For the present analyses, we assessed whether participants were willing to wear a device to detect overdose by adding questions to follow up visits between December 2017 and May 2018. Specifically, within the main questionnaire participants were asked: “Researchers are developing a medical device that would alert others if you were having an opiate overdose. Would you be willing to wear a small device against the skin on your chest while you are using drugs?” Participants who answered, “Yes” were compared to those who answered “No”/“Unsure” on a variety of a priori selected socio-demographic, behavioral and drug use variables hypothesized to be associated with willingness to wear a device. Since such a device was not available in Canada at the time these questions were utilized, staff were trained to answer general questions about the device describing it as above as the size of a phone.

These variables included: ethnicity (Caucasian vs. other); female gender (yes vs. no); age (per year older); daily heroin injection (yes vs. no); daily cocaine injection (yes vs. no); daily crack smoking (yes vs. no); ever had a non-fatal overdose (yes vs. no); homelessness (yes vs. no); methadone treatment (yes vs. no); chronic pain (yes vs. no); HIV seropositivity (yes vs. no). Unless otherwise noted, all drug use related variables refer to the 6-month period prior to the interview. All variable definitions have been used extensively and were identical to earlier publications [12, 13].

As a first step, bivariable logistic regression analyses were used to determine factors associated with the willingness to wear a device. To identify factors that were independently associated with our outcome of interest, variables significant at the p < 0.10 threshold in bivariable analyses were entered in a multivariable logistic regression model. Using the backwards selection procedure, we constructed the final multivariate model with the best fit, as indicated by the lowest AIC value. All statistical analyses were performed using the SAS software version 9.4 (SAS, Cary, NC, USA). All p values are two sided.

Results

Between December 2017 and May 2018, 1061 opioid using VIDUS, ACCESS and ARYS participants answered the relevant question regarding potential device use and were interviewed and included in the present analysis. Among these individuals, median age was 44.2 (Inter-quartile range [IQR]: 31.3–53.9), 391 (36.9%) were female and 615 (58.0%) were Caucasian. In comparison to those study participants who were included in the present study, those excluded (n = 365) were more likely to be older in age (median 49.3 [IQR: 33.4–57.0]; p value < 0.001), but there was no significant difference regarding gender (p value = 0.963) and ethnicity (p value = 0.262). The characteristics of the study sample stratified by willingness to wear a device are presented in Table 1.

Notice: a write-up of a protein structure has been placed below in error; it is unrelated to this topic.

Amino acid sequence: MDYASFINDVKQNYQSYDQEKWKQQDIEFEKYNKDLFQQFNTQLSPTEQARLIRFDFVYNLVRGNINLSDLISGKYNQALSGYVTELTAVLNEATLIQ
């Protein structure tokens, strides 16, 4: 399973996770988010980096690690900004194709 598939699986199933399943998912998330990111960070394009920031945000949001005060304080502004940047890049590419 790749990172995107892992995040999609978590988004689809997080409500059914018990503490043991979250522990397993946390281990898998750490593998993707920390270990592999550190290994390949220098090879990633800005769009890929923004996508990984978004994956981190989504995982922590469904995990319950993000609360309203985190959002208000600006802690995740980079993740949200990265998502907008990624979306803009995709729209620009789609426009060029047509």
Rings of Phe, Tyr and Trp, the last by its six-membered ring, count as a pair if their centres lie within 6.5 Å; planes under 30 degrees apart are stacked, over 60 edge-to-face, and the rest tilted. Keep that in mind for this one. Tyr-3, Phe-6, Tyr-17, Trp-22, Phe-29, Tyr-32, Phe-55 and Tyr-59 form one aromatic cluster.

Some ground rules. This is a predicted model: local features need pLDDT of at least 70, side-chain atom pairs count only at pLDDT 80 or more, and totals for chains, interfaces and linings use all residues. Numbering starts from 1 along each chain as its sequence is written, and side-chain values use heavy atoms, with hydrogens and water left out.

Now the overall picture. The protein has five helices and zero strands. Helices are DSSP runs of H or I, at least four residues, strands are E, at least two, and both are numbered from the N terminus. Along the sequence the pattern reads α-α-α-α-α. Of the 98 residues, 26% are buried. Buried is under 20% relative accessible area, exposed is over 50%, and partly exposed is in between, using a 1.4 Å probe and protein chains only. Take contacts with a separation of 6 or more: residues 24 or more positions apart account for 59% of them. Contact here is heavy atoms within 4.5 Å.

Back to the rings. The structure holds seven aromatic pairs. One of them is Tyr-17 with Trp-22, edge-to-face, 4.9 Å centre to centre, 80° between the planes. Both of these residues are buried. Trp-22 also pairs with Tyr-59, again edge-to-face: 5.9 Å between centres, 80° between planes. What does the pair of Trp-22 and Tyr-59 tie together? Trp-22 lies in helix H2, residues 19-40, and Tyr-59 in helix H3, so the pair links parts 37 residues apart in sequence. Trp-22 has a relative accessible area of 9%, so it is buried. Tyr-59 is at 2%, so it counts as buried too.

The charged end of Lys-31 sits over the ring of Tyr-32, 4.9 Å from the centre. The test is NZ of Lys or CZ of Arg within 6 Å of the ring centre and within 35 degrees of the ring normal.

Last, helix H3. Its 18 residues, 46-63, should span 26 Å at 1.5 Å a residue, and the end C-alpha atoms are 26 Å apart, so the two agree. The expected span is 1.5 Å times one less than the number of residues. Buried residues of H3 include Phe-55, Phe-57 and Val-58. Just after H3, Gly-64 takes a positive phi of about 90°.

Table 1

Characteristics of study participants assessed for willingness to wear an overdose detection device (n = 1061)

Variables

Value

Total n (%)

Willingness = yes (n = 576)

Willingness = no/unsure (n = 485)

Ethnicity

Caucasian

615 (58.0)

329 (57.1)

286 (59.0)

Other

445 (41.9)

246 (42.7)

199 (41.0)

Gender

Female

391 (36.9)

237 (41.1)

154 (31.8)

Male

670 (63.1)

339 (58.9)

331 (68.2)

Age (years)

Median (Q1–Q3)

44.2 (31.3–53.9)

45.4 (33.0–54.0)

42.5 (29.6–53.9)

Daily heroin usea

Yes

336 (31.7)

196 (34.0)

140 (28.9)

No

725 (68.3)

380 (66.0)

345 (71.1)

Daily cocaine usea

Yes

34 (3.2)

18 (3.1)

16 (3.3)

No

1027 (96.8)

558 (96.9)

469 (96.7)

Daily crack usea

Yes

99 (9.3)

55 (9.5)

44 (9.1)

No

962 (90.7)

521 (90.5)

441 (90.9)

Ever overdosed

Yes

748 (70.5)

425 (73.8)

323 (66.6)

No

311 (29.3)

150 (26.0)

161 (33.2)

Homelessnessa

Yes

239 (22.5)

109 (18.9)

130 (26.8)

No

822 (77.5)

467 (81.1)

355 (73.2)

Methadone treatmenta

Yes

472 (44.5)

299 (51.9)

173 (35.7)

No

588 (55.4)

277 (48.1)

311 (64.1)

Chronic pain

Yes

556 (52.4)

330 (57.3)

226 (46.6)

No

499 (47.0)

244 (42.4)

255 (52.6)

HIV

Yes

323 (30.4)

182 (31.6)

141 (29.1)

No

738 (69.6)

394 (68.4)

344 (70.9)

aBehaviour during the 6-month period prior to interviews

Of the 1061 participants, 576 (54.3%) indicated a willingness to wear a device. As shown in Table 2, socio-demographic, behavioural and drug characteristics associated with a willingness to wear a device in unadjusted analyses included: female gender, ever overdosed, homelessness, methadone treatment, and chronic pain (all p < 0.05).
Table 2

Multivariate analysis of factors associated with the willingness to wear an overdose detection device (n = 1061)

Variables

Odds ratio (95% CI)

P

Adjusted odds ratio (95% CI)

P

Ethnicity

0.93 (0.73–1.19)

0.565

  

Female

1.50 (1.17–1.94)

0.002

1.41 (1.09–1.84)

0.010